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1.
BMJ Case Rep ; 15(4)2022 Apr 29.
Article in English | MEDLINE | ID: covidwho-1832379

ABSTRACT

A middle age man with a history of diabetes mellitus type 2, hypertension, migraine and eosinophilic granulomatosis with polyangiitis (EGPA) with polyneuropathy in remission presented with paresthesia and motor weakness soon after receiving the Pfizer-BioNTech COVID-19 messanger RNA (mRNA) vaccine. The patient had polyneuropathy 10 years ago secondary to EGPA, which had resolved. EGPA was diagnosed on the basis of typical symptoms and positive sural nerve biopsy. Five days after receiving the first dose of COVID-19 vaccine, he developed heaviness and reduced dexterity of both the upper extremities, which progressed to patchy and asymmetric motor weakness of all four extremities. Given the lack of clear alternative explanation after a thorough work up, recrudescence of underlying asymptomatic polyneuropathy due to a possible reaction to COVID-19 mRNA vaccine was considered although a temporal association with vaccine dose does not prove causality. He was treated with corticosteroids with slow improvement of his symptoms.


Subject(s)
COVID-19 , Churg-Strauss Syndrome , Granulomatosis with Polyangiitis , Polyneuropathies , COVID-19 Vaccines/adverse effects , Churg-Strauss Syndrome/complications , Granulomatosis with Polyangiitis/complications , Humans , Male , Middle Aged , Neoplasm Recurrence, Local/complications , Polyneuropathies/drug therapy , Polyneuropathies/etiology , Vaccines, Synthetic
2.
J Cachexia Sarcopenia Muscle ; 13(3): 1883-1895, 2022 Jun.
Article in English | MEDLINE | ID: covidwho-1772719

ABSTRACT

BACKGROUND: The COVID-19 pandemic has greatly increased the incidence and clinical importance of critical illness myopathy (CIM), because it is one of the most common complications of modern intensive care medicine. Current diagnostic criteria only allow diagnosis of CIM at an advanced stage, so that patients are at risk of being overlooked, especially in early stages. To determine the frequency of CIM and to assess a recently proposed tool for early diagnosis, we have followed a cohort of COVID-19 patients with acute respiratory distress syndrome and compared the time course of muscle excitability measurements with the definite diagnosis of CIM. METHODS: Adult COVID-19 patients admitted to the Intensive Care Unit of the University Hospital Bern, Switzerland requiring mechanical ventilation were recruited and examined on Days 1, 2, 5, and 10 post-intubation. Clinical examination, muscle excitability measurements, medication record, and laboratory analyses were performed on all study visits, and additionally nerve conduction studies, electromyography and muscle biopsy on Day 10. Muscle excitability data were compared with a cohort of 31 age-matched healthy subjects. Diagnosis of definite CIM was made according to the current guidelines and was based on patient history, results of clinical and electrophysiological examinations as well as muscle biopsy. RESULTS: Complete data were available in 31 out of 44 recruited patients (mean [SD] age, 62.4 [9.8] years). Of these, 17 (55%) developed CIM. Muscle excitability measurements on Day 10 discriminated between patients who developed CIM and those who did not, with a diagnostic precision of 90% (AUC 0.908; 95% CI 0.799-1.000; sensitivity 1.000; specificity 0.714). On Days 1 and 2, muscle excitability parameters also discriminated between the two groups with 73% (AUC 0.734; 95% CI 0.550-0.919; sensitivity 0.562; specificity 0.857) and 82% (AUC 0.820; CI 0.652-0.903; sensitivity 0.750; specificity 0.923) diagnostic precision, respectively. All critically ill COVID-19 patients showed signs of muscle membrane depolarization compared with healthy subjects, but in patients who developed CIM muscle membrane depolarization on Days 1, 2 and 10 was more pronounced than in patients who did not develop CIM. CONCLUSIONS: This study reports a 55% prevalence of definite CIM in critically ill COVID-19 patients. Furthermore, the results confirm that muscle excitability measurements may serve as an alternative method for CIM diagnosis and support its use as a tool for early diagnosis and monitoring the development of CIM.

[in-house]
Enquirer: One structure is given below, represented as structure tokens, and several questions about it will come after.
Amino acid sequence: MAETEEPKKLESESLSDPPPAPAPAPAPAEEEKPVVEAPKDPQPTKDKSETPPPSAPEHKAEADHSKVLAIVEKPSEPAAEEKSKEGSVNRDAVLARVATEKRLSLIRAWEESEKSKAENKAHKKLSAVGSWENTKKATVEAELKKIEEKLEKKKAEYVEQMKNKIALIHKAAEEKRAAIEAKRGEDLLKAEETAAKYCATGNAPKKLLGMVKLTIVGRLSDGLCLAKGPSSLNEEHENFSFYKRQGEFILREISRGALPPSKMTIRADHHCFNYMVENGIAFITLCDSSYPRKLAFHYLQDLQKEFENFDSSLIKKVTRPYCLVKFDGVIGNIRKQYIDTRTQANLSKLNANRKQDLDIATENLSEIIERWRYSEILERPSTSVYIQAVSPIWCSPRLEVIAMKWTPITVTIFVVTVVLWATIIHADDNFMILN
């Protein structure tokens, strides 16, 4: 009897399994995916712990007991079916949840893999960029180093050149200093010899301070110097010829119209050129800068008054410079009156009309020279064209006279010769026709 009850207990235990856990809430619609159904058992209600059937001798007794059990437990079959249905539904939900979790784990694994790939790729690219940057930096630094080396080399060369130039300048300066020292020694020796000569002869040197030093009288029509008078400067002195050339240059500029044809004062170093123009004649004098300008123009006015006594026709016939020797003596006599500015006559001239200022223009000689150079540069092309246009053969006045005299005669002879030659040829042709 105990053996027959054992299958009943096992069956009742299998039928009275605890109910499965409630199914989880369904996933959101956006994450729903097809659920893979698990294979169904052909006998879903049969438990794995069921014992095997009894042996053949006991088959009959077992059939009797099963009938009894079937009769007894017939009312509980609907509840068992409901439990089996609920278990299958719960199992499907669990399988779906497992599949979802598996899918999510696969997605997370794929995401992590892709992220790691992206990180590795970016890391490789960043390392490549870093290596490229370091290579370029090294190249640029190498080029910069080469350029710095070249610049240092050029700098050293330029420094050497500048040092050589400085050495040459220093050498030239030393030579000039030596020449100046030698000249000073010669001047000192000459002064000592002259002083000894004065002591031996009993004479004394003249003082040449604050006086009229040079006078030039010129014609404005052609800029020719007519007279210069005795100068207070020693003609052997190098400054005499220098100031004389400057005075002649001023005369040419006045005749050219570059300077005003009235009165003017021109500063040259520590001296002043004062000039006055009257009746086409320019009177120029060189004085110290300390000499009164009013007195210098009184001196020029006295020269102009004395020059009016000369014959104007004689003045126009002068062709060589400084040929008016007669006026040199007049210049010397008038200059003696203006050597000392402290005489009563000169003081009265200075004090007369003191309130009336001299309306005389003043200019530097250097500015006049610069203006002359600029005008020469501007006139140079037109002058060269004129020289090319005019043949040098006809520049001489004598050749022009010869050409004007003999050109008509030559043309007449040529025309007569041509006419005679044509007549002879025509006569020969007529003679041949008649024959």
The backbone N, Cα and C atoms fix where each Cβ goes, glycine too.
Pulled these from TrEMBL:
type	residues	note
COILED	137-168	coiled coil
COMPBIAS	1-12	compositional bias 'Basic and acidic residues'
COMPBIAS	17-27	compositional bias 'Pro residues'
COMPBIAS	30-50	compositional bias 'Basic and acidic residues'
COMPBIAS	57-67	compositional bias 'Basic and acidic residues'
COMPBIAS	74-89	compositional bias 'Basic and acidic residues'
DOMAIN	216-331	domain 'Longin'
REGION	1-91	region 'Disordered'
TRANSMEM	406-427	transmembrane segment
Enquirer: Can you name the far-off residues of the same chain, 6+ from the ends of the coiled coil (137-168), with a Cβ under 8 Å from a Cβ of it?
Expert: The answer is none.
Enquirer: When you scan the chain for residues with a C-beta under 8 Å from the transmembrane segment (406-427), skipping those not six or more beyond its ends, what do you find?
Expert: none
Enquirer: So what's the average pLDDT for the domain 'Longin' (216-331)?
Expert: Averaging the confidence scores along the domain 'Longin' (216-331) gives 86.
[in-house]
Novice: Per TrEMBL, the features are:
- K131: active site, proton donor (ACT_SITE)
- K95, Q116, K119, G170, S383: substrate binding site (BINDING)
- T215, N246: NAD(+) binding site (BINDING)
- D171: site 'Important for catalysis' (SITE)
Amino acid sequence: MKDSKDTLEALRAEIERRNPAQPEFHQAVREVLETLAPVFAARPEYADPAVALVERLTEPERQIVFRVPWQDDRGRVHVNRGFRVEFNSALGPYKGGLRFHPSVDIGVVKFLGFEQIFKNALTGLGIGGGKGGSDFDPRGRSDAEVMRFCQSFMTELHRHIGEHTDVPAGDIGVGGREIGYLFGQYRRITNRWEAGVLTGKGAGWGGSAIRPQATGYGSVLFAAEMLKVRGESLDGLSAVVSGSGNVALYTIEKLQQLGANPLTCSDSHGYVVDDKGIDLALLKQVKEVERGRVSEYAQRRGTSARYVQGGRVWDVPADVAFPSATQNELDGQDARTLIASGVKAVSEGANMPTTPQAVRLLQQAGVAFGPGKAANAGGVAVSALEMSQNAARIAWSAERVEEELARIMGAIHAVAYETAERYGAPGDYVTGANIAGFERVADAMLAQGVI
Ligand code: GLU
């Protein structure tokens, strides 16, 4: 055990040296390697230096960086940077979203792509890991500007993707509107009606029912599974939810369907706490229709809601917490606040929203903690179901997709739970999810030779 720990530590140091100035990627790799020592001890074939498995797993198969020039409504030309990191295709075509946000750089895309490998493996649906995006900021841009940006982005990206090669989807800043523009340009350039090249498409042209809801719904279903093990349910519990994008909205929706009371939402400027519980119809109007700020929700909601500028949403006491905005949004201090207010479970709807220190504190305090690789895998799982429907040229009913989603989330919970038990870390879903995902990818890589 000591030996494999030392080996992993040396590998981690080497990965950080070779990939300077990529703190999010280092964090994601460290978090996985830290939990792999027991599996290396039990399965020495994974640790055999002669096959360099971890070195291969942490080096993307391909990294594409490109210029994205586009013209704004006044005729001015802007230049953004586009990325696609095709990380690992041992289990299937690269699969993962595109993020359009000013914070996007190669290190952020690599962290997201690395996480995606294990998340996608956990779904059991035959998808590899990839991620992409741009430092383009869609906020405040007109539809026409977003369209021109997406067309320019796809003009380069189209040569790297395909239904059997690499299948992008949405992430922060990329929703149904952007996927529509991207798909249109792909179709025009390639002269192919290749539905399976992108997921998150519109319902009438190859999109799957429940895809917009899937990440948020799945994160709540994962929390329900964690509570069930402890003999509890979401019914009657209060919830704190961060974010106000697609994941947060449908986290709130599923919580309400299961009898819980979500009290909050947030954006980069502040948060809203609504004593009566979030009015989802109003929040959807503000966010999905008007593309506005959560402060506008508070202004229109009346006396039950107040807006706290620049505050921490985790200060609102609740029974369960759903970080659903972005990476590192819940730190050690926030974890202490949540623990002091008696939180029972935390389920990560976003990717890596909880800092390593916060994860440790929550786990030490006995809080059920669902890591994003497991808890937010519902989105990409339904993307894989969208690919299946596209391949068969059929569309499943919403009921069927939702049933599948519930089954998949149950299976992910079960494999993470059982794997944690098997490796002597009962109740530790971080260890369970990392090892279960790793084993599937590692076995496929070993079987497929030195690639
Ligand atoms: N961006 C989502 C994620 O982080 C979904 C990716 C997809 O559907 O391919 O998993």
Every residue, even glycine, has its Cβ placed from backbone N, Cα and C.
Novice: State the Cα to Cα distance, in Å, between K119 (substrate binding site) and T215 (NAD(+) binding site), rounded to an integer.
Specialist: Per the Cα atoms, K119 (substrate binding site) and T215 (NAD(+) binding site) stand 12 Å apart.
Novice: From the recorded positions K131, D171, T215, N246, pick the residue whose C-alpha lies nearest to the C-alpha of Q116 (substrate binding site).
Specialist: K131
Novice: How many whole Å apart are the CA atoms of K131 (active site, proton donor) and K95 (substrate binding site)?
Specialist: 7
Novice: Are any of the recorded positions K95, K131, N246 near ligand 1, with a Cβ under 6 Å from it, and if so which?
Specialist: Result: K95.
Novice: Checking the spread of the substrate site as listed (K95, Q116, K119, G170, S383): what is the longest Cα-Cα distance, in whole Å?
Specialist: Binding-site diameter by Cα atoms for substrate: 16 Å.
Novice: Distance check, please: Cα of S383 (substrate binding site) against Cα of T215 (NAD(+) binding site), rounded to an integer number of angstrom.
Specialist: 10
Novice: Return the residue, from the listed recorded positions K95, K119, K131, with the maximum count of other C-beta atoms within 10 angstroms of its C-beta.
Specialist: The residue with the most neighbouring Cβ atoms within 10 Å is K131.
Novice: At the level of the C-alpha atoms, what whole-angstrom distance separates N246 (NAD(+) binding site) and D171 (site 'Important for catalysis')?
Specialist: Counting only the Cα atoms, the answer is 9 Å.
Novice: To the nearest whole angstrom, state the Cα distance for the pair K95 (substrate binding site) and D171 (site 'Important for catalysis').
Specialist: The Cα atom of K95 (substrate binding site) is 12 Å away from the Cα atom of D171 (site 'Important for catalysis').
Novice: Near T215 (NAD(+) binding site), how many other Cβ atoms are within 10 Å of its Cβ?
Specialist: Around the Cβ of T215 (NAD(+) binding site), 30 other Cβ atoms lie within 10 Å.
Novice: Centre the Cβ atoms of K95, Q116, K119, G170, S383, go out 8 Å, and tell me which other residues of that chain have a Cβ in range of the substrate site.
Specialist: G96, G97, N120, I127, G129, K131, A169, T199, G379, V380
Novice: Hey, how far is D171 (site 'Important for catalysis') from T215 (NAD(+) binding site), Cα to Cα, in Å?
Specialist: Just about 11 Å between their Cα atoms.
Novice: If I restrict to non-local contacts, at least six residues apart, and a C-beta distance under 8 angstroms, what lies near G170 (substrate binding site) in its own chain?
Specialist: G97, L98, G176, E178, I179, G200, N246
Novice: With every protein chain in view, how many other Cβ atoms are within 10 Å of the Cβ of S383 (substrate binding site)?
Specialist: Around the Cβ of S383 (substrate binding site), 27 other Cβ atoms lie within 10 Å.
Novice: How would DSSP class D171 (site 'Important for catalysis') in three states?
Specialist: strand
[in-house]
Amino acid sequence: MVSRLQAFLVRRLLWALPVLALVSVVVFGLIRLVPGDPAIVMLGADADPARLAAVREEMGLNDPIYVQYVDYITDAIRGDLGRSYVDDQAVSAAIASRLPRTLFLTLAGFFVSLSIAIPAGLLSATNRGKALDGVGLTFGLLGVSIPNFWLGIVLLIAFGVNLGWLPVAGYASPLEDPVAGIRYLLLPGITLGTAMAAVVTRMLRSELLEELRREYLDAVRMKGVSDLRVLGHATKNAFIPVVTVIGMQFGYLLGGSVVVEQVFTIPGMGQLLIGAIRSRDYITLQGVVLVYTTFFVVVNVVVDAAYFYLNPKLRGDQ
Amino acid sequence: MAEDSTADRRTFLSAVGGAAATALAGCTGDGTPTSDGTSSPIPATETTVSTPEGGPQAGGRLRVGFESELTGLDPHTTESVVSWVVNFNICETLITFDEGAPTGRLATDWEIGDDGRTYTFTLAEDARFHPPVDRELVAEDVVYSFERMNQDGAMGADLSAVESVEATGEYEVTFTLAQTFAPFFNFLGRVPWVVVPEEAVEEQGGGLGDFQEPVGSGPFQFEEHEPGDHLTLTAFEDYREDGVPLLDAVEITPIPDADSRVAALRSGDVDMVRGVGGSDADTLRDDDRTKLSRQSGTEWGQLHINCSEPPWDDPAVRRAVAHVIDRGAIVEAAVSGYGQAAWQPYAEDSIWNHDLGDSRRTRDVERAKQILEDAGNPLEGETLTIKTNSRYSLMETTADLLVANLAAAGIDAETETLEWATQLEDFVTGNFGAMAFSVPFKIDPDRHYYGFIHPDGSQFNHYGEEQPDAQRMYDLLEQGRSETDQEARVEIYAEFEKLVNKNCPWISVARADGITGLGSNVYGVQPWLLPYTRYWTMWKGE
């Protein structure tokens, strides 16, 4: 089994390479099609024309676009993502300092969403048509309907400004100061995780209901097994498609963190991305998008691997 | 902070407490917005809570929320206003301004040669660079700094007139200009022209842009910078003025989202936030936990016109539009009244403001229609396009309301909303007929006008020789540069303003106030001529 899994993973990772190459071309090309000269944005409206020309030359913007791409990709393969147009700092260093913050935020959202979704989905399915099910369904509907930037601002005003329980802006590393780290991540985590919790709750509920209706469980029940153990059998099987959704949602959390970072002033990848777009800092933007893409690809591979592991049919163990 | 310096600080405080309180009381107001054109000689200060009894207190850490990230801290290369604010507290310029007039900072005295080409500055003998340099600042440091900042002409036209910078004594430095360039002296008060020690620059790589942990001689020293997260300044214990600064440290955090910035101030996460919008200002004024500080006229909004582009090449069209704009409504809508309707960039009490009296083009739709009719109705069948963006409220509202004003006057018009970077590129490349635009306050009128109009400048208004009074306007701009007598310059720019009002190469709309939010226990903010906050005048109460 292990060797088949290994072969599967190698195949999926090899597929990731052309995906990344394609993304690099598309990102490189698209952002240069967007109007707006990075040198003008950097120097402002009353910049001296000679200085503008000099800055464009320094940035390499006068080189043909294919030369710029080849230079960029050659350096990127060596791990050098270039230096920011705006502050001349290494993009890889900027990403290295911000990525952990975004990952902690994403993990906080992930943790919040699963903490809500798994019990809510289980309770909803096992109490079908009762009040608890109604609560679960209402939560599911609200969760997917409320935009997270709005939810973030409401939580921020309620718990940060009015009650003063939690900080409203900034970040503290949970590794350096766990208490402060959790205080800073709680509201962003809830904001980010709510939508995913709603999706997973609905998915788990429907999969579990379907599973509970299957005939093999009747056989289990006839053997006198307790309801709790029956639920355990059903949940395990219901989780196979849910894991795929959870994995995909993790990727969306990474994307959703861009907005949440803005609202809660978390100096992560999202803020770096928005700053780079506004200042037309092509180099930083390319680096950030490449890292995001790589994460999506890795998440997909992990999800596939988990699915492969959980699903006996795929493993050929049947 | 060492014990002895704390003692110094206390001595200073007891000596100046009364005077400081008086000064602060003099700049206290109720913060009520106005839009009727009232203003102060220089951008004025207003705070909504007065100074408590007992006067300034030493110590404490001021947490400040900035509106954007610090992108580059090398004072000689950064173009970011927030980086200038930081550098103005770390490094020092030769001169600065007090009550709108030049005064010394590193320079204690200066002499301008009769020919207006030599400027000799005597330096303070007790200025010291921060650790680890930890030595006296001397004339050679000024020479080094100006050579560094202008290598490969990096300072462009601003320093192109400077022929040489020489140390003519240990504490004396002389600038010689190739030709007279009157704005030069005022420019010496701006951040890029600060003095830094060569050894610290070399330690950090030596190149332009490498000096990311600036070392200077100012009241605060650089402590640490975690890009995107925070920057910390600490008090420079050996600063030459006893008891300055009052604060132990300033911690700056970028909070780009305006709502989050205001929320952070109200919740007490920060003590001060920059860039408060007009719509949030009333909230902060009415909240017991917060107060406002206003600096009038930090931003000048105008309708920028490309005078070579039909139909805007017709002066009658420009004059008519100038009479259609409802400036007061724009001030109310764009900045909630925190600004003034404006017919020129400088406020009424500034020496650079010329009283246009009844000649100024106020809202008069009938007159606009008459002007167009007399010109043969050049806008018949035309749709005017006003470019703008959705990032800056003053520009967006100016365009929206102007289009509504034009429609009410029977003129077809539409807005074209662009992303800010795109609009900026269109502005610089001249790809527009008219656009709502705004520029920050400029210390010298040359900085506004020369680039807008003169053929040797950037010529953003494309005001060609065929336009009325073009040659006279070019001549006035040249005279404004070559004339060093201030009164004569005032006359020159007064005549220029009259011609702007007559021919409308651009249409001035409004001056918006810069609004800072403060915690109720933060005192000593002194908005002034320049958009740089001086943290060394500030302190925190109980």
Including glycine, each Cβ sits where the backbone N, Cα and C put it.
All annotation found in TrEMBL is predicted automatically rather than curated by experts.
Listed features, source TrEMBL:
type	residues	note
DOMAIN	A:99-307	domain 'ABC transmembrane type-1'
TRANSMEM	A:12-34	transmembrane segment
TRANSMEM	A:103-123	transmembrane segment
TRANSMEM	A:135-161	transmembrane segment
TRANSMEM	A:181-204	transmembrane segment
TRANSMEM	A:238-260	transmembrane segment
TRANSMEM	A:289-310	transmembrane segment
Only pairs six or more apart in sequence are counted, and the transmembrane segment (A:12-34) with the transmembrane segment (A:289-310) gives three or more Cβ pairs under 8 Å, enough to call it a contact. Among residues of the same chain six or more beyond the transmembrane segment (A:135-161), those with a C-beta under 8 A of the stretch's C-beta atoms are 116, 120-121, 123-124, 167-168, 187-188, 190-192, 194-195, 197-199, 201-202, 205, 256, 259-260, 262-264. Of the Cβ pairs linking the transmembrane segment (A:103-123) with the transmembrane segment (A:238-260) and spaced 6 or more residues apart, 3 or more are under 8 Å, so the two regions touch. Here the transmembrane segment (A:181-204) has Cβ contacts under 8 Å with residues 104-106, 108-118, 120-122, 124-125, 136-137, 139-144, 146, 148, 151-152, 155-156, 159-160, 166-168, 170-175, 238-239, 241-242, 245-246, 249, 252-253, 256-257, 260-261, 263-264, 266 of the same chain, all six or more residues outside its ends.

Subject(s)
COVID-19 , Muscular Diseases , Polyneuropathies , Respiratory Distress Syndrome , Adult , COVID-19/complications , COVID-19/diagnosis , Critical Illness/epidemiology , Early Diagnosis , Humans , Middle Aged , Muscular Diseases/diagnosis , Muscular Diseases/epidemiology , Muscular Diseases/etiology , Pandemics , Polyneuropathies/diagnosis , Polyneuropathies/epidemiology , Polyneuropathies/etiology